"In cooking, as in all the arts, simplicity is a sign of perfection." - Curnonsky

Monday, February 4, 2008

Friday Night Lights: Confession

Friday Night Lights is one of the few, fortunate shows that has several more episodes stored up to get through the Hollywood writers' strike. Nonetheless, Friday night's episode felt like the end of a chapter. On the one hand, I'm glad to see some of these stories end; on the other, it felt like a little too much, too fast.

I have to start with Landry, because his confession anchored the episode. Landry has always been at the moral heart of the show, and so it makes sense that once he'd admitted what he'd done, he'd want to be punished. As usual, Jesse Plemons sold every one of his scenes; I shudder to think how bad this story could have been with a less-capable actor. But the whole thing — from the confession itself, to telling Tyra what he'd done, to the decision not to press charges — felt way too neat to me. A cop's son — a Dillon Panther, no less! — confesses to murder, and the whole town isn't buzzing? That's tough to believe. Even tougher: that the police don't care that Landry dumped the body, nor that his father destroyed evidence. True, I would have hated to see Landry go to jail, but why take the show so far from its heart for a story with no consequences?

Speaking of the show's heart: we FNL fans like to crow that the show's not just about football, but I must say, the football parts of this season make no sense. Have the Panthers played a single game yet where they haven't been behind? And wouldn't Dillon be expecting more from its defending state champions?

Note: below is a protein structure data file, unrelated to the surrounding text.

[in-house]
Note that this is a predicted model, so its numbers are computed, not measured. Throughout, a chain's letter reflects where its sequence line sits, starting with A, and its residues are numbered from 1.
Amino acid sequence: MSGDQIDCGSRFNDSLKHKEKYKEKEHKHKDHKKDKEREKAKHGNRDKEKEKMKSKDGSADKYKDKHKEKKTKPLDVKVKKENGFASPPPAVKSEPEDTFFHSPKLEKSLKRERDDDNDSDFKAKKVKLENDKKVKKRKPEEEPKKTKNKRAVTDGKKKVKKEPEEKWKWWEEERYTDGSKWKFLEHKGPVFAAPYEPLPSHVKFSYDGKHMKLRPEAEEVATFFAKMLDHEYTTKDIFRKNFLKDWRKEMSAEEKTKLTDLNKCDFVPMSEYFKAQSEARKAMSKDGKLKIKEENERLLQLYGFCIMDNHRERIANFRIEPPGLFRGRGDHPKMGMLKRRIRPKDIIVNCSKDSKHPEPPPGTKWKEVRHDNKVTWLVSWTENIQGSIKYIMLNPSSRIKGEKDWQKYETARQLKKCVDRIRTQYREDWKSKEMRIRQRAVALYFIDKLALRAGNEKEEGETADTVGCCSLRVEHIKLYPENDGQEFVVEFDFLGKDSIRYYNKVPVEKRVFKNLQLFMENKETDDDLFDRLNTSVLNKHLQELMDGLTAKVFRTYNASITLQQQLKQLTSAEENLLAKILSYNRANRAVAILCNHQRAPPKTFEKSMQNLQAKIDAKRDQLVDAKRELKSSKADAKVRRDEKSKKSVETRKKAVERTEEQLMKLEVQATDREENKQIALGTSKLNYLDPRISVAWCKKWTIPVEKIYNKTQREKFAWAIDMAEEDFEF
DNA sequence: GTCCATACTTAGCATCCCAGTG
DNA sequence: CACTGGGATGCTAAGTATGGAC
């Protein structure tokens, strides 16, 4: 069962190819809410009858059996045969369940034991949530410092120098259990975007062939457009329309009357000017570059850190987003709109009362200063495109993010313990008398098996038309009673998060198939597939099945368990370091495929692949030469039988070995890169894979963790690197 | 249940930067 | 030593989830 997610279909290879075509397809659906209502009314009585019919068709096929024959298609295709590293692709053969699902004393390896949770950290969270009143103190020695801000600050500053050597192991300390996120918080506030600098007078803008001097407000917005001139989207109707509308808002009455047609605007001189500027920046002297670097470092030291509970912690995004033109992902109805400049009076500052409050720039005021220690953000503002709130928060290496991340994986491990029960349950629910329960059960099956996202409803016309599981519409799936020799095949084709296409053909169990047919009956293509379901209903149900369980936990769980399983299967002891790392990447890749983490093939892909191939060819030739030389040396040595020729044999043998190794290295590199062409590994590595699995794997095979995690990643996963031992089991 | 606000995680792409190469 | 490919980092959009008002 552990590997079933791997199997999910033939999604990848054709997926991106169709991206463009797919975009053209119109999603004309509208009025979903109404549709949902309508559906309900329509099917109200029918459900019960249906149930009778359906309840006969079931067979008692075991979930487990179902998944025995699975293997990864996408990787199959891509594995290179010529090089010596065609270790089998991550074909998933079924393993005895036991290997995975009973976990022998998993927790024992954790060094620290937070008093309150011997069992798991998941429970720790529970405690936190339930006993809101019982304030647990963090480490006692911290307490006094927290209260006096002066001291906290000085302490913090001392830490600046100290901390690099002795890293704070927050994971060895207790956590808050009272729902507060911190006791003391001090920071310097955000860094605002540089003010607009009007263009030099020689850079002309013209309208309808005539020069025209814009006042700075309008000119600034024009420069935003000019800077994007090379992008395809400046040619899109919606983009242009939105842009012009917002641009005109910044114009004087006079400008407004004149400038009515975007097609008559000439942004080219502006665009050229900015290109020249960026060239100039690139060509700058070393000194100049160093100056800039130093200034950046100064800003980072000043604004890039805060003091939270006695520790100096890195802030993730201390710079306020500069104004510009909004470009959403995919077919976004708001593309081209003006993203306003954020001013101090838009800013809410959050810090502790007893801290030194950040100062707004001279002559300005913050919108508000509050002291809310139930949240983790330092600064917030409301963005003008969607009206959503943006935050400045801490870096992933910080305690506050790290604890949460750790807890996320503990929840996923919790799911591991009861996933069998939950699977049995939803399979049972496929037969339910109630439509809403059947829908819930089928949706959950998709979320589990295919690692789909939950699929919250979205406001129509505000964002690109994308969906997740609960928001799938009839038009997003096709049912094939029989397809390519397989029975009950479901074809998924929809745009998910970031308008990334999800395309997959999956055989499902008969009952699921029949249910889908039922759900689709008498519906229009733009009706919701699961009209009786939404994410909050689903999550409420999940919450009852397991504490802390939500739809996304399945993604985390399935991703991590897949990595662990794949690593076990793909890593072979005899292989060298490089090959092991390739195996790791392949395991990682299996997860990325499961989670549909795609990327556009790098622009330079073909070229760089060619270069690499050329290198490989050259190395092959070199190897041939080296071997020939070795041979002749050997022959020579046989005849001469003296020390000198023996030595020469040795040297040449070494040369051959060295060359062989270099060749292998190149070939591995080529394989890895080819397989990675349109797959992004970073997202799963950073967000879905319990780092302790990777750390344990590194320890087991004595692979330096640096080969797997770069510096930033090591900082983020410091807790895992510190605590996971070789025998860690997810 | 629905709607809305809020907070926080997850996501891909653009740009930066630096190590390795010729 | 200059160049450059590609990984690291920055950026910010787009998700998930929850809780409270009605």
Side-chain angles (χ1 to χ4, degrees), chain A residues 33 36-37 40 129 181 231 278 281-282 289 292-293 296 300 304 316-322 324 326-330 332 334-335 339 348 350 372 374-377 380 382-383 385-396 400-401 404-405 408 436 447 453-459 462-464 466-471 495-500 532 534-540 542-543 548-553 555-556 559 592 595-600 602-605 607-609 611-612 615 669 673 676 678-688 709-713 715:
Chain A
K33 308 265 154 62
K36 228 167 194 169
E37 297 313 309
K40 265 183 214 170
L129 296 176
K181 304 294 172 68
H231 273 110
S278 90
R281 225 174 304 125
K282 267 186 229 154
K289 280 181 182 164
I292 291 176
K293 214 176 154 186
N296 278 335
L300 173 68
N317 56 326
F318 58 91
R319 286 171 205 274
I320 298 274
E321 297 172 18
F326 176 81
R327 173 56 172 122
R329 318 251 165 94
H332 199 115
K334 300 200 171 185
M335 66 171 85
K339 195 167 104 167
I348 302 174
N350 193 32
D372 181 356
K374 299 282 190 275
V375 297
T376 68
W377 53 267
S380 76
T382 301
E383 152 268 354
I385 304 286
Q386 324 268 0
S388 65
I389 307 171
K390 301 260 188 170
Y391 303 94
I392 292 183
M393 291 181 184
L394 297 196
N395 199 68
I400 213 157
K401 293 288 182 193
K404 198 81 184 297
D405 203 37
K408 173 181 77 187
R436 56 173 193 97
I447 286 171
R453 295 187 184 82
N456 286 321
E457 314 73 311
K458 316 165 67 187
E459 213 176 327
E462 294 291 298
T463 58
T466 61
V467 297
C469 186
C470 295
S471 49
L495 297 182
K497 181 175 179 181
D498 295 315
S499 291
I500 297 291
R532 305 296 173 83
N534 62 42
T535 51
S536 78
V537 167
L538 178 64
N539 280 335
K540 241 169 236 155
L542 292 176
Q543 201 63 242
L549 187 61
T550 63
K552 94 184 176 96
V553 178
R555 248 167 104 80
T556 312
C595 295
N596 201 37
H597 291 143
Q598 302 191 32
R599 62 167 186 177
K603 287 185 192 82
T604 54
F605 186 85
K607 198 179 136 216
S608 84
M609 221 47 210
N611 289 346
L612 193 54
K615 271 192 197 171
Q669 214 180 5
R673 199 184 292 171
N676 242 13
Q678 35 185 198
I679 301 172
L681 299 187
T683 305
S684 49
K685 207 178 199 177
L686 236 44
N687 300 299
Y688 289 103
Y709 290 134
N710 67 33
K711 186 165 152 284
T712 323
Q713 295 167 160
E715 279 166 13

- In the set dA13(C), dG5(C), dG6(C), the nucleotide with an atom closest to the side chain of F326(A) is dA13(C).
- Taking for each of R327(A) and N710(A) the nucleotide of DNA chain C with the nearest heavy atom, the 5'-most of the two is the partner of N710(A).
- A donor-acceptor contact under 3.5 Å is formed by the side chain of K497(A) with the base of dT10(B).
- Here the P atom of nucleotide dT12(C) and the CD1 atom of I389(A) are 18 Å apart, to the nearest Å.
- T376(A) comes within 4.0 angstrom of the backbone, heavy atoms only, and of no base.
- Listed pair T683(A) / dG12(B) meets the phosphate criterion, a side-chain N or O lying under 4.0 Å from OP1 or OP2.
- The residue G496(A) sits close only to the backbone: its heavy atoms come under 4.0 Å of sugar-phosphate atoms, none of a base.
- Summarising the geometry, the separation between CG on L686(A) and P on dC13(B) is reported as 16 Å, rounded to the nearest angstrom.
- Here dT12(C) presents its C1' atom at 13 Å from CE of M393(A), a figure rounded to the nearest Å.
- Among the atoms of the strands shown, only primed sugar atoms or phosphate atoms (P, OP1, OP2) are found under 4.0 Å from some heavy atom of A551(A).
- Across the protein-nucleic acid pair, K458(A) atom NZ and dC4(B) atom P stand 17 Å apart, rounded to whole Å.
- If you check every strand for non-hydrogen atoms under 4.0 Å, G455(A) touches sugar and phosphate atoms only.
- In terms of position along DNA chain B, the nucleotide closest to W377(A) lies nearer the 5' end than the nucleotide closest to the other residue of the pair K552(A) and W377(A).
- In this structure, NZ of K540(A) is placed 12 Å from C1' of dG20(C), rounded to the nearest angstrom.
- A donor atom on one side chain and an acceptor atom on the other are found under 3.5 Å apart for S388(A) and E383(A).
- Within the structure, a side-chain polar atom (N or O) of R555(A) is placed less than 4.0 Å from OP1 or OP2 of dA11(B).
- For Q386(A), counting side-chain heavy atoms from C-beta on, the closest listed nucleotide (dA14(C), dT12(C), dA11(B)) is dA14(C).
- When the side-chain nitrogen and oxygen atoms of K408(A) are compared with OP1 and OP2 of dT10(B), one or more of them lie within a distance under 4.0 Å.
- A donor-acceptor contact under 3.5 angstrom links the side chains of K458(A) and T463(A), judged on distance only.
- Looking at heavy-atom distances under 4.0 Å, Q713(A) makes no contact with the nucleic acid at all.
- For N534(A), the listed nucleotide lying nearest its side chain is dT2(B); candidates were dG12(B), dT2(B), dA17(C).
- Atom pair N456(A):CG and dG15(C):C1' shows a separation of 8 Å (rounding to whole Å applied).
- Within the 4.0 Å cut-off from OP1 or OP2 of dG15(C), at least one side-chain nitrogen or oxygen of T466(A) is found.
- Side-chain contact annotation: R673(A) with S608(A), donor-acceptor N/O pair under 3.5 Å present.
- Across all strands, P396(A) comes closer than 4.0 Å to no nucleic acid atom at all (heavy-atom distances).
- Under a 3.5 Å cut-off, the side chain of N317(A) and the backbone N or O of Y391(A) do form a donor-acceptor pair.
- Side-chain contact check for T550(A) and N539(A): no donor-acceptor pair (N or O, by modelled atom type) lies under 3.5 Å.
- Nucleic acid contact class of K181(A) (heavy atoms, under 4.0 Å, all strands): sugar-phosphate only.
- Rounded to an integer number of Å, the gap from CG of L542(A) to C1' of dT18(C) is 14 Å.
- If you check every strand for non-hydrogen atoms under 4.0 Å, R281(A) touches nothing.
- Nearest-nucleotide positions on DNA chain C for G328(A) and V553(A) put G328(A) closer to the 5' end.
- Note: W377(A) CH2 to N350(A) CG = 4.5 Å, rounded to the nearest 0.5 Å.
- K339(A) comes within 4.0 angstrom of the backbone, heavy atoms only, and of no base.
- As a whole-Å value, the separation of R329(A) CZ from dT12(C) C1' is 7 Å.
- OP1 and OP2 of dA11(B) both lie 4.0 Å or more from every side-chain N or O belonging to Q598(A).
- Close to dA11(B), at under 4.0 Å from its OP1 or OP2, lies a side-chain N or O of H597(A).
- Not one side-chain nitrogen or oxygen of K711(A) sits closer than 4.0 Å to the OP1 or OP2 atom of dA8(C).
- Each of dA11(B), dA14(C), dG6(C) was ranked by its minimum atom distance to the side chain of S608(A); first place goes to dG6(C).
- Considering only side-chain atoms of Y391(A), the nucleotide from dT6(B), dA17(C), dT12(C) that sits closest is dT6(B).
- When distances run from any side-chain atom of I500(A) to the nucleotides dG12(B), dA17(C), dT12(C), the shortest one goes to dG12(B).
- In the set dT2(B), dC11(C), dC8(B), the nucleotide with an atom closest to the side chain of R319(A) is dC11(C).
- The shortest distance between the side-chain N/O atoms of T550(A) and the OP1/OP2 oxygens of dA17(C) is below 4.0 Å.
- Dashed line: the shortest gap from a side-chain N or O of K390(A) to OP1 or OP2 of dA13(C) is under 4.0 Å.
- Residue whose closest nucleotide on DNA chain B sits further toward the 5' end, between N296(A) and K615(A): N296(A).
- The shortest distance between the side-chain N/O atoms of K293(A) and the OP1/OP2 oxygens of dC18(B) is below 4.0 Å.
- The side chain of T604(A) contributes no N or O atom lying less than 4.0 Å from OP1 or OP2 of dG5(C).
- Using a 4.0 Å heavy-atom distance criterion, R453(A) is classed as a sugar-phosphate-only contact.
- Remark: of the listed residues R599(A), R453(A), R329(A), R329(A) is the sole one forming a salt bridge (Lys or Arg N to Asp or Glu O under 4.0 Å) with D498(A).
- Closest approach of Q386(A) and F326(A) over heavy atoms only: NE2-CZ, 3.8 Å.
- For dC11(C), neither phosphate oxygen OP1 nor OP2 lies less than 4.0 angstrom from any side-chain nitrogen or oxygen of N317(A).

I am still liking Santiago's development, however — even if his whole force-a-fumble, be-the-hero story was pretty much the landy plot from episode five. He's so tough, but he's terrified; he's the kind of kid who's always given up, and now he's surrounded by people (Coach, Buddy) who won't let him. His scenes from the football game really got me into his head, as he got rattled again and again before learning how to respond.

My favorite subplot of the whole night, though, was Jason's blind date with the pee girl. Jason finally gets the nerve to date while in a wheelchair and ends up with a girl who gets turned on by golden showers? Some luck. I loved the waitress getting the full wrath of Ms. Kinky while Jason cowered behind the kitchen doors. One glaring inconsistency, though: His parents freak when he spends one night with a girl, but they don't care when he sneaks off to Mexico?

Some other thoughts:

Riggins' meth-making roommate creeped me out in this episode, and I'm hoping Riggins is out of there for good. The scene with Coach wordlessly handing Riggins a sleeping bag was one of those little moments this show does so well.

Matt and the nurse: still boring. Kinda cute — making mole, aww — but boring.

Tami and Julie ended up in a good place at Gracie's christening, but it sure took a lot of work (and some crafty playing-dad-against-mom antics) to get there. That "a thank-you would be nice" fight was such a classic mother-daughter moment, it gave me chills.

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